ArtsATL: What made you want this job?

Shipman: A couple of things. I have become deeply passionate about Atlanta, even though I wasn’t born here. Especially in this moment where it feels like there are lots and lots of people trying to create the Atlanta we’ve always wanted. I live 300 yards from the Beltline. It’s my backyard! I live in Old Fourth Ward and have been fortunate enough to build one of the city’s newer institutions. . . . the ability to be in a position to help with what’s happening right now in Atlanta was extremely attractive.

Secondly, I can’t imagine on a bad day being in any better place than here to find inspiration. I’m literally going to be steps away from a number of incredible experiences — to visit a gallery or a rehearsal, or to go to a performance. That’s personally gratifying.

The work at BrightHouse was very gratifying too, more focused on purpose and personal values. Some of my greatest joys at the Center for Civil and Human Rights were seeing an individual or a family be transformed by the experience they were having. Being a part of that basic kind of situation is very attractive.

Third, I think that this is a great time to be at the Woodruff. Back to your first question — there’s so much momentum, potential, good stuff that’s happening. To be a part of it and dig in, elevate it and find ways for it to grow — that’s extremely attractive.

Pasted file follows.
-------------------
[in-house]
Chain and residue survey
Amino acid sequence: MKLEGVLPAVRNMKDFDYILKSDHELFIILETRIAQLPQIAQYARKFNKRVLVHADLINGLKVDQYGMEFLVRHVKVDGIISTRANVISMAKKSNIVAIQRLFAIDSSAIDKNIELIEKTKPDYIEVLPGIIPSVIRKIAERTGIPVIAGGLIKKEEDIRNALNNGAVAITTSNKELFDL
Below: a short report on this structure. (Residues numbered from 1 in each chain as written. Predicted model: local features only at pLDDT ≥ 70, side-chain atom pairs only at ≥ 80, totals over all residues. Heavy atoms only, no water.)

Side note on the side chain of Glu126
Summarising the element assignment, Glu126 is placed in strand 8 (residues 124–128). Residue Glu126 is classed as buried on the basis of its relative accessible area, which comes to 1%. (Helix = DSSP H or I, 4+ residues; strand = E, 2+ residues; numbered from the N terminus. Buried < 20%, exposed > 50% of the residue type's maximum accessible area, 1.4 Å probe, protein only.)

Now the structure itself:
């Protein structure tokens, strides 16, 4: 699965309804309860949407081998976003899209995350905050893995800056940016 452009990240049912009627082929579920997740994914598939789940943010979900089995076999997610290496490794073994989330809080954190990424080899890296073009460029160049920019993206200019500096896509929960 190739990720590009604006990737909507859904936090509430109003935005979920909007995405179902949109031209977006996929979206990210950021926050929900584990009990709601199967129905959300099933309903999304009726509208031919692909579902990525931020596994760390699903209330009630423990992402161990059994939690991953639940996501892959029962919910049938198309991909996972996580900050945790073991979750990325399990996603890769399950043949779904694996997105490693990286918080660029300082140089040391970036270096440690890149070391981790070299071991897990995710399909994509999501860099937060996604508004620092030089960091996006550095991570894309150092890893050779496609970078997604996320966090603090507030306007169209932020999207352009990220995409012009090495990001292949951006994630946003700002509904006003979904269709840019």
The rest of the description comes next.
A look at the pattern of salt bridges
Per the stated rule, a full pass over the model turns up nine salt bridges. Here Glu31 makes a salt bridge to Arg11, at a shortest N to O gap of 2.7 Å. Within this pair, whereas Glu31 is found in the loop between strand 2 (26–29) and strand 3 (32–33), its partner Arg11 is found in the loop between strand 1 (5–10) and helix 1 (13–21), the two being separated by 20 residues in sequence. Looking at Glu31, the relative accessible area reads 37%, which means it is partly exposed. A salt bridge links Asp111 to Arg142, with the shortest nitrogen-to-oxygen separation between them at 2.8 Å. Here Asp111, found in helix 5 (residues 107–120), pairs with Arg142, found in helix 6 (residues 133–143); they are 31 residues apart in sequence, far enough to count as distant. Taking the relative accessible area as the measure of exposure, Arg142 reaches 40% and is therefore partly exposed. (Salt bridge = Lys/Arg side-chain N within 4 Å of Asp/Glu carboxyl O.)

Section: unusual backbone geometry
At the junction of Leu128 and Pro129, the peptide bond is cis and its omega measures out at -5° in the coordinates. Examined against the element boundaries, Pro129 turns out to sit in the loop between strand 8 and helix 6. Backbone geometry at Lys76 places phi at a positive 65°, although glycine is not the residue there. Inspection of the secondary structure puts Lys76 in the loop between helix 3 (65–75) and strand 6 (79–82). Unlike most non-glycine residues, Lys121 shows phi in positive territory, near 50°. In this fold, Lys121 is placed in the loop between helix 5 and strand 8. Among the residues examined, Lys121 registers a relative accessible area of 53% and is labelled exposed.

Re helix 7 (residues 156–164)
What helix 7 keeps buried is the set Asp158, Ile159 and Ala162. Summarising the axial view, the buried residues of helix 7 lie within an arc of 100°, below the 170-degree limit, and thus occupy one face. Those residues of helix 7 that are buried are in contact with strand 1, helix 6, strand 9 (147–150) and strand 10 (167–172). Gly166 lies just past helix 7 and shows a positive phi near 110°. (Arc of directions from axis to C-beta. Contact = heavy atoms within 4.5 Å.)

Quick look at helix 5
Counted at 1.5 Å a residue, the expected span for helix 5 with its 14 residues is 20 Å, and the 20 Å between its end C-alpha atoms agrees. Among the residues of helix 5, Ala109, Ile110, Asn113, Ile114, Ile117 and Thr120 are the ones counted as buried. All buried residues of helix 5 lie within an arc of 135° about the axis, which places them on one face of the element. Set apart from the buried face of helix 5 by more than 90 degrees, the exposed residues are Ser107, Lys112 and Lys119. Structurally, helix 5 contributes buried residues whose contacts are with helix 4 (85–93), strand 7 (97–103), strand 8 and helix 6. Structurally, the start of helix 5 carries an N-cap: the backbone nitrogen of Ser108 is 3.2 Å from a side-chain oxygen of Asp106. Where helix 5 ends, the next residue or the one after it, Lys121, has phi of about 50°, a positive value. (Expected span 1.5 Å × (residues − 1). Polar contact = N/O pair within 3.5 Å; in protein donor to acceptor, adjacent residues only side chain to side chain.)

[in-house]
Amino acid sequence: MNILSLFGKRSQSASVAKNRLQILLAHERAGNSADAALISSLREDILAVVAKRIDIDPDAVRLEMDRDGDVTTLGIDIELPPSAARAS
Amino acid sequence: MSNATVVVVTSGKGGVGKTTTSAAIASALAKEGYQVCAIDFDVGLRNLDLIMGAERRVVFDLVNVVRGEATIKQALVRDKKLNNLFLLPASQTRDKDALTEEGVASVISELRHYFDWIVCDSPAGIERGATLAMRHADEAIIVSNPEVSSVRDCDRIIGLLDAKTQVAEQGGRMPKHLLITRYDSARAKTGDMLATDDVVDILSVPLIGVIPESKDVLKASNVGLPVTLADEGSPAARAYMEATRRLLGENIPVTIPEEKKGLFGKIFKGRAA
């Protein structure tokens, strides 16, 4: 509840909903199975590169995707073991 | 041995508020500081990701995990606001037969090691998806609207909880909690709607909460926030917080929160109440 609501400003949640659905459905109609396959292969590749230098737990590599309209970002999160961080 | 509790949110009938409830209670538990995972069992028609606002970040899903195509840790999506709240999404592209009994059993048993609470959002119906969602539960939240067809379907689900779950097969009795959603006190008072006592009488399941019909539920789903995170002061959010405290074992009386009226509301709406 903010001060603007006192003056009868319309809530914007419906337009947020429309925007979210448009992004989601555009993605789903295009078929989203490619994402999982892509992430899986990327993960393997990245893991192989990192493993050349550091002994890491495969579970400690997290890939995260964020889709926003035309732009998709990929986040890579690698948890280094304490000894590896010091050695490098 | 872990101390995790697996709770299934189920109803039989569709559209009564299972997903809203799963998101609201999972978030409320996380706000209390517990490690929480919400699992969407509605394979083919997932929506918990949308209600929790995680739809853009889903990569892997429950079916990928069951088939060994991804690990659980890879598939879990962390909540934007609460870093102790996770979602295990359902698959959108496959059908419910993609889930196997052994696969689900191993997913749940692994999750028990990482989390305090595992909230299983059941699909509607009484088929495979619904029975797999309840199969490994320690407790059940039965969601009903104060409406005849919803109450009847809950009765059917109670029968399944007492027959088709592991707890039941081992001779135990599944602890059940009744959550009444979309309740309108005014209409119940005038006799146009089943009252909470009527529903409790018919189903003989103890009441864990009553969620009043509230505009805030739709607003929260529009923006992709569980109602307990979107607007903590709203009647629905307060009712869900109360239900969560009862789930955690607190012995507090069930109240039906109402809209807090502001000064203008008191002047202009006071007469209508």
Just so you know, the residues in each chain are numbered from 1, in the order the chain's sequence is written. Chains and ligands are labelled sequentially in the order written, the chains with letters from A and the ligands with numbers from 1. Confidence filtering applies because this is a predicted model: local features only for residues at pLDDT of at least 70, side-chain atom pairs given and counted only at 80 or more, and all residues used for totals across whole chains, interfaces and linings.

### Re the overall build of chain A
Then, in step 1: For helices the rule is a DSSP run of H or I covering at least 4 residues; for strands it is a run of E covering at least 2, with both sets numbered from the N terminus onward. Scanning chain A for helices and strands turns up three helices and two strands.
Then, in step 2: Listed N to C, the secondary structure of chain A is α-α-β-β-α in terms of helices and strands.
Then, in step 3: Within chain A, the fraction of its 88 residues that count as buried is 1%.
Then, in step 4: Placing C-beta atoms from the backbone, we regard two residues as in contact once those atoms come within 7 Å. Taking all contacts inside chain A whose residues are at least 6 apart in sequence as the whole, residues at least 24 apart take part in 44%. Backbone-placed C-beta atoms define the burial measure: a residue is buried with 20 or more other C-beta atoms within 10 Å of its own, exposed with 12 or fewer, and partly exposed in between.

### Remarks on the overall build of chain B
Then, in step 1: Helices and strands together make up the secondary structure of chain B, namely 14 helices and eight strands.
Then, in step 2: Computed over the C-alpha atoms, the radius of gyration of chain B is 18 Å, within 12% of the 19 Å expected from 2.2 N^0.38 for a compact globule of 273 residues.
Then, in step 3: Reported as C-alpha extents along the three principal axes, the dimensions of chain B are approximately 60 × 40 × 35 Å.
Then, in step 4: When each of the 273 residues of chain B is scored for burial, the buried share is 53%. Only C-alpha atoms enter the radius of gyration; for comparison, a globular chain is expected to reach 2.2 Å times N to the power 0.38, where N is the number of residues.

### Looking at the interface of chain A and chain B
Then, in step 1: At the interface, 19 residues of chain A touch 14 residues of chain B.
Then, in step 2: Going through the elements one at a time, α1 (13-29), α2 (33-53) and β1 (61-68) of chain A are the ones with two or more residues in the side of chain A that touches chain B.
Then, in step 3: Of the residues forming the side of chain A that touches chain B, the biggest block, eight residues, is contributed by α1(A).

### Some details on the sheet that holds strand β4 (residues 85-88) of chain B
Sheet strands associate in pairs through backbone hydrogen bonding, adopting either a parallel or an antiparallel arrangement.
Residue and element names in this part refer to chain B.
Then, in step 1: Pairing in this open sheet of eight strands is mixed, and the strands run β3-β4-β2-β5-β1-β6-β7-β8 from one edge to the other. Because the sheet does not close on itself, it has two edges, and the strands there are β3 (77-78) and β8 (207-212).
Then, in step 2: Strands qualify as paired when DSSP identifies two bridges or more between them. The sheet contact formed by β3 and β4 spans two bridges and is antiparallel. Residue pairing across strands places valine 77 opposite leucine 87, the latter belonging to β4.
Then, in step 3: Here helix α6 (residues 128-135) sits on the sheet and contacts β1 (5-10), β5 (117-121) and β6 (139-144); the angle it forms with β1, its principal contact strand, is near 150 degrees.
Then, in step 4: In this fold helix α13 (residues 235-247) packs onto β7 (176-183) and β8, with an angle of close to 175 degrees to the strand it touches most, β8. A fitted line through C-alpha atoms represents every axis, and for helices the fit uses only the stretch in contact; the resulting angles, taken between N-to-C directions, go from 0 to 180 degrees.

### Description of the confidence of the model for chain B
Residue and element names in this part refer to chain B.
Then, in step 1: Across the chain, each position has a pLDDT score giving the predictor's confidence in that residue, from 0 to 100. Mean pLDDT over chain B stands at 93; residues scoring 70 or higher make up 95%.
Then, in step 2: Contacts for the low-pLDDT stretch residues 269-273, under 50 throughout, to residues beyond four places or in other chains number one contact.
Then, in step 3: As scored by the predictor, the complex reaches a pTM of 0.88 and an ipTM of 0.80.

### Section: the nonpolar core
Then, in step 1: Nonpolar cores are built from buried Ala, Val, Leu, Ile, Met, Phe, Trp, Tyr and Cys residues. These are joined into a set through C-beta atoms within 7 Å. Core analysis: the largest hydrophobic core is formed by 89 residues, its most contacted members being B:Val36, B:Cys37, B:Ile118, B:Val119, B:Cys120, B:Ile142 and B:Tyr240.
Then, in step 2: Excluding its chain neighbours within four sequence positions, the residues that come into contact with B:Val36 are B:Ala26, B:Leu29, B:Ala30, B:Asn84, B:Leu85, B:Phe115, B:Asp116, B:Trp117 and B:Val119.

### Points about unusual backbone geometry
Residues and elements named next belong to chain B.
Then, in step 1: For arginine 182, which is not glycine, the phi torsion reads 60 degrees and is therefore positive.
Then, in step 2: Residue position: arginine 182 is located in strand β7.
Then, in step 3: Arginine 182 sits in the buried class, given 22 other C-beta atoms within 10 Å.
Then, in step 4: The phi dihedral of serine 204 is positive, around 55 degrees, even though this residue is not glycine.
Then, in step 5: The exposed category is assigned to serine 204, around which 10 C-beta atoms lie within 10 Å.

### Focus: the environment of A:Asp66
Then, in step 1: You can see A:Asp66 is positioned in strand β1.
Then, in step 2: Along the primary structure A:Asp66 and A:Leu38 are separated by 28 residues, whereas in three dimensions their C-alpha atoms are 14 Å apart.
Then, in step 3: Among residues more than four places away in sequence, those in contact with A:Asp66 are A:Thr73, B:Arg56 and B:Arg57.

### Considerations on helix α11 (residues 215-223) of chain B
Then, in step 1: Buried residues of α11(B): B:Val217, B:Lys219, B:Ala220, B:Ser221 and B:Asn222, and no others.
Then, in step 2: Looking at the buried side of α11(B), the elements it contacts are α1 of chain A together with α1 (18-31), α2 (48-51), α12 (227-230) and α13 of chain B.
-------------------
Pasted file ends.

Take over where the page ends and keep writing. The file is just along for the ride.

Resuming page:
I was not looking to move. There are very few things I could imagine that would have gotten me to. The Woodruff is a unique institution, in the life of this place and in the country.

ArtsATL: Speaking of BrightHouse, how will your experiences there inform your move to the Woodruff? How does your experience working in the consulting sector inform your vision of the future for the Woodruff?

Shipman: I’ve been very fortunate in my Brighthouse time and previous time at Boston Consulting Group. I’ve been able to work with very, very large organizations all over the world. We’ve had clients in Europe, Australia. We’re talking $10, $20 and $100-billion dollar corporations. It’s helped me understand how leaders of large organizations operate. What you do as the leader and what you do not do as the leader. That’s going to be very instructive for me. The Arts Center is a complex, big organization and business model. That experience will help me play the appropriate role, which a lot of times means not doing things yourself but empowering others to do it and allow their vision to come to fruition.

BrightHouse is full of filmmakers, photographers, graphic designers and poets. I’ve been spending a lot of professional time with creative folks. Personally, I’m not an artist, but I now understand what I can bring to those conversations and what role to play and what to enable to happen — that’s been quite instructive. It’s been a lot of fun for me to lead an organization full of creative people.

Thirdly, Brighthouse’s core missions is to help corporations understand their purpose, their values and visions. I think that that core of storytelling and crafting stories to articulate those visions is very good. Storytelling at the Woodruff, internally and obviously externally, is going to be helpful.